The Spiritual Quest is a substantial work, extensively researched and tailed with a massive 45-page bibliography. Its thesis is that "spiritual questing", a dynamic and future-orientated activity, is a universal and constitutive characteristic of all human beings. The case is argued in an interdisciplinary tour de force drawing on the research insights of anthropologists, psychologists, philosophers, linguists, ethnographers and others, as well as on the fruit of the author's own trans-global explorations. Torrance finds biological, psychological, linguistic and social evidence to support his argument; thereby pulling together more commonly distinct scientific and religious material in mutual support. The result is not entirely easy to read, being heavily laden with technical jargon. Sometimes it borders on eclectic indulgence, although there can be no question that it is packed with fascinating and detailed information.
As a book The Spiritual Quest functions on at least two levels. On one level, especially in the opening and closing sections, it offers a philosophical argument. There is a spirited attack on what the author perceives to be the dead end of structuralist and post-structuralist understandings of the world. He is committed to the search for an essential humanity, animal quaerens he calls it; and, when pushed to name the goal of the long search, he is not reluctant to speak of it as "the truth". He engages critically with Durkheim and Bergson, Freud and Piaget, Chomsky and Saussure, always resisting the relativism and the affirmation of the status quo which he finds implicit in much of their work. So, in conversation with Durkheim he writes, "Far from merely validating society's decrees, religion reveals the intrinsic incompleteness of all human attainments by holding out the possibility of an order transcending the approximative actual: the indispensable, if unreachable goal of an all-encompassing nomos, all-embracing communitas." Myth and ritual, it is argued, not merely strengthen and preserve the given order, but enable the creative management of conflict and change directed towards an open future.
I confess to being unconvinced by the overall philosophical strategy; but then I have been more strongly moved than Torrance by the post-modern spirit of the age. I like his use of the category of metaphor to express the dynamism of the quest, but I am suspicious that his use of biological and cosmological evidence occasionally feels too convenient to his purpose.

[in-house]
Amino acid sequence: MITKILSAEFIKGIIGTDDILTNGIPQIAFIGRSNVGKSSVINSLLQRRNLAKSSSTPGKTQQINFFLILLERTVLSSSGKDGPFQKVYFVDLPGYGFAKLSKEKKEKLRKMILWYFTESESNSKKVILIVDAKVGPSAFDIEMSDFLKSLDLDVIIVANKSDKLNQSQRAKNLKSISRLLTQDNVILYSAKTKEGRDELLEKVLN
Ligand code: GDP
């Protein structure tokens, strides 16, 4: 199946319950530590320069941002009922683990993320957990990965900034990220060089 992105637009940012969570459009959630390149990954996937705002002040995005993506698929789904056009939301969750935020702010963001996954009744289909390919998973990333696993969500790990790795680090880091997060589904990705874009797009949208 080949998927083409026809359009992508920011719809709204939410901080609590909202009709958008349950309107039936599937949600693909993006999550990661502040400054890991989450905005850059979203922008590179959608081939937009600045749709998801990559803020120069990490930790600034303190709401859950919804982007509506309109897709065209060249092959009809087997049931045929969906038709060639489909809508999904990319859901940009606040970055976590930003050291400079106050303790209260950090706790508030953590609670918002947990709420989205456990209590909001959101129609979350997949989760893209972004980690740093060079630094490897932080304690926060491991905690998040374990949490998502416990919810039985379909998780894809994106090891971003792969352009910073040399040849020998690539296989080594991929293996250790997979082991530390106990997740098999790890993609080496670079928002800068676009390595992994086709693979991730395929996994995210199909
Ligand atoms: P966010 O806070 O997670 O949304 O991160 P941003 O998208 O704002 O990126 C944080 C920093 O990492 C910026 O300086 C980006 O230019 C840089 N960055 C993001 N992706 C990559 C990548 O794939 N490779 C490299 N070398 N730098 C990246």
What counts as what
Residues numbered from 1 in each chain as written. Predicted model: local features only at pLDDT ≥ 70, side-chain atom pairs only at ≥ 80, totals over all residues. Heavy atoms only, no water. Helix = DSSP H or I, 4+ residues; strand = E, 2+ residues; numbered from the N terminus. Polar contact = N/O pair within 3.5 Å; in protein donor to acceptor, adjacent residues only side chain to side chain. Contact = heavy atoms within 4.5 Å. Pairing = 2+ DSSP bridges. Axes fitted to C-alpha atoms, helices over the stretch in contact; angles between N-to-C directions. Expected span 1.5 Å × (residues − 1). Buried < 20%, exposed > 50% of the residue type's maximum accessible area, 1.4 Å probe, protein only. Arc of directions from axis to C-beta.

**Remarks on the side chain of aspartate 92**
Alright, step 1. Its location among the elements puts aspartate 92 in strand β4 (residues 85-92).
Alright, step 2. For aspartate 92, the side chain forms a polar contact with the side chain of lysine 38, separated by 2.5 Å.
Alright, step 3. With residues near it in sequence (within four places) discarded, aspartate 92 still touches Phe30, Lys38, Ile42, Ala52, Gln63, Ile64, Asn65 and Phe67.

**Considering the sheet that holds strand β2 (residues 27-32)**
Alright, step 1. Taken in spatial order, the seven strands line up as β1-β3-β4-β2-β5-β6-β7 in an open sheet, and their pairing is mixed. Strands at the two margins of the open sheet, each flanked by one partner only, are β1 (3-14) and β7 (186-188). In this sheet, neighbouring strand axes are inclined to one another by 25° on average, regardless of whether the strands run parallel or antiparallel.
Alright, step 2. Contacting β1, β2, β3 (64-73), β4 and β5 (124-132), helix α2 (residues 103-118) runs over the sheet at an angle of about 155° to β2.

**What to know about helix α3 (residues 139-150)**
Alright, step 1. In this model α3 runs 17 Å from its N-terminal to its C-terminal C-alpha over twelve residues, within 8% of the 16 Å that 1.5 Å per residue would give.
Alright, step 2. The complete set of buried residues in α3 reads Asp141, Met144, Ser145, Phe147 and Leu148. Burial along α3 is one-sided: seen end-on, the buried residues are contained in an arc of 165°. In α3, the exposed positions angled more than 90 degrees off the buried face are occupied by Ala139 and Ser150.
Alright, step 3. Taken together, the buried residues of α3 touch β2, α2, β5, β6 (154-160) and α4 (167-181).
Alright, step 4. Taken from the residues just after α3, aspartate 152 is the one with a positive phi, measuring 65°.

On another level, this book offers an immense wealth of ethnographic material which, although primarily chosen to support a philosophical case, is of great interest in its own right. The author claims to work deliberately in this way to avoid some of the distortions of interpretation in the apparent sophistication of what he terms "civilised analysis". Five central chapters document tribal cultures from Australasia, Africa, Asia, as well as North and South America.
I am convinced by the evidence that the majority of the world's cultures, and especially tribal cultures, do indeed generate ritual and mythological traditions which serve not only to maintain stability by recourse to the past but also to provoke creative development and change with an eye to the future. What I remain unsure about is whether it is proper to move from this phenomenological observation to an ontological affirmation concerning the essential humanum.
Two chapters which specially attracted my attention are built around the theme of "spirit possession". Much of the analysis of how such a concept finds a place within social structures is not new but, from a theological perspective, I found this one of the most creative and affirmative accounts of the role of possession and exorcism I have seen. Consistent with the thesis of the book, these take on a future-orientated transformative significance, and the phenomenon of possession becomes located fully within the structure of the spiritual quest.
As I hope is evident, this book has much to commend it; and its sheer diversity of content is likely to gain it a wide potential readership. I am only sorry that there is not a more satisfying conjunction between such a remarkable gathering of ethnographic sources and the central philosophical argument with which they are connected.
The Revd Richard L. Kidd is the principal, Northern Baptist College, Manchester.
The Spiritual Quest: Transcendence in Myth, Religion and Science
Author - Robert M. Torrance
ISBN - 0 520 08132 3
Publisher - University of California Press
Price - $35.00
Pages - 384